Photographer Olivia Rose remembers meeting Mr Right Now, Dutty, Jay, Little Nas, Yankee and the rest of the boys at Jamaican Corner
In 2013, feeling creatively stagnant in London, I made a poorly-thought-out plan to go and shoot gang culture in Kingston. Embarking on a three month-journey to New York, Bermuda and Jamaica with my assistant Jay, I arrived on the last leg of my trip feeling fragile and a little hesitant, having left Bermuda with my arm in a sling.
Within fifteen seconds of arriving at our apartment in Kingston – steel-gated, smack bang in the middle of a run-down, busy street in Kencot – a man screeched his motorbike to a halt right in front of us. He introduced himself as Mr Right Now (his real name was Erroll Williams), and we could see that he was gentle, funny and genuinely interested in the new tourists that had landed on his street, Central Road. Telling us that he could “get anyting ya need, Right Here, Right Now,” he walked us down to his street-side shop – a place that would eventually become the epicentre of our experience at ‘Jamaican Corner.’ After selling us a couple of Red Stripes to take the edge off travelling, Right Now – who was always smiling like a Cheshire cat – took us to meet the boys.
It was pitch black by the time we walked on pock-marked terrain in search of weed, with Right Now’s best friend Cloud leading the way. We paid five US dollars that night for a “box a weed” that was enough to last us a week, with a little bit of grabba (raw tobacco leaf) thrown in for good measure. Cloud, who will tell anyone that “mi one true love is marijuana,” walked us back to Right Now’s shop where he started cutting up the bud with a machete on a wooden block. We had a heady first night smoking back in our apartment. As we listened to the rest of the street carrying on over the other side of the gate, the thought of spending the next sixteen days there was thrilling and paralysing.
Right Now and Cloud
Throughout our stay, the boys did everything and more to make us feel welcome. They rewound the song if they saw us jamming to it and made sure their guests had a chair and a drink at all times. If ever I fell asleep in the yard, my head wouldn’t drop without finding the comfort of Cloud’s shoulder. As I melted in the 40-degree heat, the boys moved my chair through the day to chase the shadows, telling me: “Fluffy, ya skin a burn! Sun is hot like fiyah! Keep cool, Fluffy!” In Kingston, you SWEAT. Suddenly the humble bandana made a lot of sense; the boys all seemed to have one tucked in their pocket or tied round their head, something on hand to mop up their brow. I had gained the nickname Fluffy Diva (I thought it was about my curly hair, but fluffy is an affectionate word for ‘big’) and pretty quickly I vetoed the ‘Diva’ so we all settled on ‘Fluffy Empress,’ a name to which I still answer.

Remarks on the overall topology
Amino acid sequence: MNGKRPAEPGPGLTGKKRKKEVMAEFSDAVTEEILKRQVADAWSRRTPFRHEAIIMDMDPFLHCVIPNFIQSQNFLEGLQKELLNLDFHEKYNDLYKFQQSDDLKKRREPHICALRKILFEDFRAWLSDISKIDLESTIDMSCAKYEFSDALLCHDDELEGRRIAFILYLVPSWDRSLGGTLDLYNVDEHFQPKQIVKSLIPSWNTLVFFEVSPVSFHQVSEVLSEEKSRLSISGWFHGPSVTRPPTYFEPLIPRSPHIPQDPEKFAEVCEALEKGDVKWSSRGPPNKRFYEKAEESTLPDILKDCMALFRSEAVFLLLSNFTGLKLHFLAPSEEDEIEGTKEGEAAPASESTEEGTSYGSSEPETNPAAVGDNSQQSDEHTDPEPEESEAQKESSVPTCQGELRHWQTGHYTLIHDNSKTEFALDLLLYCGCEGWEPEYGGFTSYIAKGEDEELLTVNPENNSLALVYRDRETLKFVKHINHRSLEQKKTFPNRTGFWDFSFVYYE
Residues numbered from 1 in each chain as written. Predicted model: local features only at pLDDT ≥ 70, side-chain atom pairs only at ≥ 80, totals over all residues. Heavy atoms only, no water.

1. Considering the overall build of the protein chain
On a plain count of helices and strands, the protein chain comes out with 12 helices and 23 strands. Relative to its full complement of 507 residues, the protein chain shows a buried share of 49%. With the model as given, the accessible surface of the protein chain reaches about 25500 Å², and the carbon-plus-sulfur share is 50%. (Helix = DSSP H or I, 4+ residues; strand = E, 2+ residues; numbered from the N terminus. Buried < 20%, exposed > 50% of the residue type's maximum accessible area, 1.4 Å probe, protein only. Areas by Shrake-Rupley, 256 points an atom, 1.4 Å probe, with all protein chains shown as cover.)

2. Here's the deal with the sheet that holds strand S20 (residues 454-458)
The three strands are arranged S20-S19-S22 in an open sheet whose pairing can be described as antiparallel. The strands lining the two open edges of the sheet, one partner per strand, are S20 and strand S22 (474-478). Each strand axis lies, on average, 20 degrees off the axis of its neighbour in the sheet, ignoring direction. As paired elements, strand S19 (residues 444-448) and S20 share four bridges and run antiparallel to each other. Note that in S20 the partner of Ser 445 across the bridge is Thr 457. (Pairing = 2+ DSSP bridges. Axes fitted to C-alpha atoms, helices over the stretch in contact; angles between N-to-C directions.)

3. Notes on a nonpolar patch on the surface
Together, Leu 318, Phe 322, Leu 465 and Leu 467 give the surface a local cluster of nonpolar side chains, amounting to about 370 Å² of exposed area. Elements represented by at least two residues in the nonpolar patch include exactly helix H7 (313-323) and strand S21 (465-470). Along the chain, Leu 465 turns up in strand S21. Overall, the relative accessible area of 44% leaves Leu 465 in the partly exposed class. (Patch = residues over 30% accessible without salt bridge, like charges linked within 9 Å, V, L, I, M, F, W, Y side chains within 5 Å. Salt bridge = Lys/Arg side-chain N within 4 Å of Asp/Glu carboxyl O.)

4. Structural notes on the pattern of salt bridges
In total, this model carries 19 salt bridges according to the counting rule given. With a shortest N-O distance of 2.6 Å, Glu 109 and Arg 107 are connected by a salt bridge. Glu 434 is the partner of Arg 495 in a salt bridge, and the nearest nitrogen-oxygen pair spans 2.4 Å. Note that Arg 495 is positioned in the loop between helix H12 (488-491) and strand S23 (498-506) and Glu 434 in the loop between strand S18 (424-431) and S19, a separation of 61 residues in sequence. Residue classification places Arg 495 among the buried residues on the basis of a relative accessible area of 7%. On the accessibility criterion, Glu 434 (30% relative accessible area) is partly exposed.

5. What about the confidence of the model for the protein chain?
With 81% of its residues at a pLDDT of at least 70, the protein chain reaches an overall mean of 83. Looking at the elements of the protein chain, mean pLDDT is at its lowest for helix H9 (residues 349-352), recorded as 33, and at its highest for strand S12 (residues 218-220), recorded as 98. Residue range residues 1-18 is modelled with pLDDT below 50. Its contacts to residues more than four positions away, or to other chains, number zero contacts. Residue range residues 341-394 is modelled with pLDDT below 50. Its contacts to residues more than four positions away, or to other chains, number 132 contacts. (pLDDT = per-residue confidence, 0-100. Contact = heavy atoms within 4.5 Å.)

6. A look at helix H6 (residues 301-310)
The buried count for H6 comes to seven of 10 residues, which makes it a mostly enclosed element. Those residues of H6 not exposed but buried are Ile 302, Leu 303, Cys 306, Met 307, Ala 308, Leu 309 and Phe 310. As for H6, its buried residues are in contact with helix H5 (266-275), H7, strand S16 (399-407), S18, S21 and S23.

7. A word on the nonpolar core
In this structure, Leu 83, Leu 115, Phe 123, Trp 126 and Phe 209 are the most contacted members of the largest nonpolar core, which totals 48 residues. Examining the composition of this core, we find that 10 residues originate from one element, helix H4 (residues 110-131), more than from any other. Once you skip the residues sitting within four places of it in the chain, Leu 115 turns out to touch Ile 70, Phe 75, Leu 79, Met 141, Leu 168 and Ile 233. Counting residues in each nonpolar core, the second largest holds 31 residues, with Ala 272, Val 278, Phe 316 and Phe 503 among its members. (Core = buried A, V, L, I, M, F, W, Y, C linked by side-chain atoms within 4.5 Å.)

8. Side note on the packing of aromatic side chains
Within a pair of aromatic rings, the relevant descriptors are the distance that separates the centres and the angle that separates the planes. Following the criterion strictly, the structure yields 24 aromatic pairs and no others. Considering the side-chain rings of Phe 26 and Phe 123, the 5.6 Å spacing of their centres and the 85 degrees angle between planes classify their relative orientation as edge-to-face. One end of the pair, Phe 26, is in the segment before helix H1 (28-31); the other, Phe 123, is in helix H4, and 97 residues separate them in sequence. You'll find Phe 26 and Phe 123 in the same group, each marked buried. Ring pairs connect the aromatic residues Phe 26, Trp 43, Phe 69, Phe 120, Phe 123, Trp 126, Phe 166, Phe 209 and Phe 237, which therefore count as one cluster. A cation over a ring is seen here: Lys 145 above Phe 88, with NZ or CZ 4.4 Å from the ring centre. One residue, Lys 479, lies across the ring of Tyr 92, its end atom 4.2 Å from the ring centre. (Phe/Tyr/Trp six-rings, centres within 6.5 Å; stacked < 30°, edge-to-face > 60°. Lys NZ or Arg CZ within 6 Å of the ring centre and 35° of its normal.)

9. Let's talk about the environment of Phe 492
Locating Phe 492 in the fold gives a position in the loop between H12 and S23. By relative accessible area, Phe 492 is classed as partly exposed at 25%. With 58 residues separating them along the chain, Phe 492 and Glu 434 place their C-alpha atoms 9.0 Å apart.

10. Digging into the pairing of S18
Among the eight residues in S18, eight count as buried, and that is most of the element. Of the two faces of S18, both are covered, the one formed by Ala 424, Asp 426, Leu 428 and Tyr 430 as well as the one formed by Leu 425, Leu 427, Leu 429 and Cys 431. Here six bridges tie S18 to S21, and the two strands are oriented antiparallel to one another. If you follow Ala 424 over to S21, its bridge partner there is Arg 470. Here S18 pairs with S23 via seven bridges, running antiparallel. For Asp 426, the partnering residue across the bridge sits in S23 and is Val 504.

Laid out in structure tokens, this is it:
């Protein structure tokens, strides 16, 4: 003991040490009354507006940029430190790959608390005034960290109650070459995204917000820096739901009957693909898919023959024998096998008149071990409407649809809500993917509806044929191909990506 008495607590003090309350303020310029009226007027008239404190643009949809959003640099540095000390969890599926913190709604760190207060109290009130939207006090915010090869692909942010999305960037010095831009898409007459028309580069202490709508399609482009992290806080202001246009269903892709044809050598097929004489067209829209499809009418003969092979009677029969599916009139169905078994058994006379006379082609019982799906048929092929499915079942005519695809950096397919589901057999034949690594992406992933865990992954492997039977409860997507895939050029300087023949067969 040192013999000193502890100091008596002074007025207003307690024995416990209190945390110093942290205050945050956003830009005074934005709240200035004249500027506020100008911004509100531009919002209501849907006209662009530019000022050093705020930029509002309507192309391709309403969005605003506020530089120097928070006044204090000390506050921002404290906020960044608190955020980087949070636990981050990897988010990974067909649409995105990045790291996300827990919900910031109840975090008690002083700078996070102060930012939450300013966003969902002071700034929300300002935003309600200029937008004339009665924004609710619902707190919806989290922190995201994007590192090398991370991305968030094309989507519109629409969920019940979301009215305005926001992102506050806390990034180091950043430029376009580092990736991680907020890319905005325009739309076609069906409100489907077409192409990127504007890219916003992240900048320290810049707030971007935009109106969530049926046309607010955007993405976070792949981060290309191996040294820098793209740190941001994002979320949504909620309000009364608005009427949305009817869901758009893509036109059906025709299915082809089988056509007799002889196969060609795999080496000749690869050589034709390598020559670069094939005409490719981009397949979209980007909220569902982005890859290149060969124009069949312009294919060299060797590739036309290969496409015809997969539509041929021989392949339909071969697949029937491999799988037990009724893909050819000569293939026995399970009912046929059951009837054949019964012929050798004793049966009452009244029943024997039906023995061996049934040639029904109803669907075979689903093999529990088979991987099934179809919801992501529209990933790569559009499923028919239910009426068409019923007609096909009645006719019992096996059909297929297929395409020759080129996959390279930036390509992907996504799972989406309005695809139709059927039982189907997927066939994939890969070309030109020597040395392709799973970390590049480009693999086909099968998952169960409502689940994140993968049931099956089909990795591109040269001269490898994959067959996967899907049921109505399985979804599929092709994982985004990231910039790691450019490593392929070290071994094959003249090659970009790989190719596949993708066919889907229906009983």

During our time in Kingston, Jay and I bought things from Right Now’s shop or locally at Jamaican Corner. If we were thirsty, we had a ten-cent Bagjuice (a soft plastic triangle full of sweet fruit juice that you bite off at the corner and drink straight from the bag), which Right Now kept cold and slushy in the freezer. Every morning one of the boys gave us a jelly (coconut) to start the day, “fi cleanse the belly!” Right Now’s big brother Dutty, the alpha male of the group, worked at the carwash across the street from the shop and I swear I never saw him leave work except to get a jelly from Right Now. Even in a torrential downpour (during which the boys praised Jah for the rain – a welcome break from the heat) Dutty would still be there, working away.
Dutty working at the carwash in Jamaica Corner
The Jamaican attitude is endlessly positive, everything is always “Up Up Up!” so my self-deprecating humour didn’t really compute with the boys. Charmingly, Right Now took me aside one night and asked, “But why ya be down on yaself, Fluffy?” Our miscommunications over the two weeks, as we spoke a mixture of Patois and broken English, were a constant source of amusement. The boys found my accent and Queen’s English hilarious, and I often had to rearrange their sentences to work out what they were saying. It became even funnier when I went back to visit this year because I was able to understand more than I had before. I spent my days slyly listening to their conversations until the boys clocked on that I was laughing along with their jokes, or that I had turned around to look at them when they were talking about me. Right Now’s eyes would go wide: “Oh God Man! She know wha mi say!”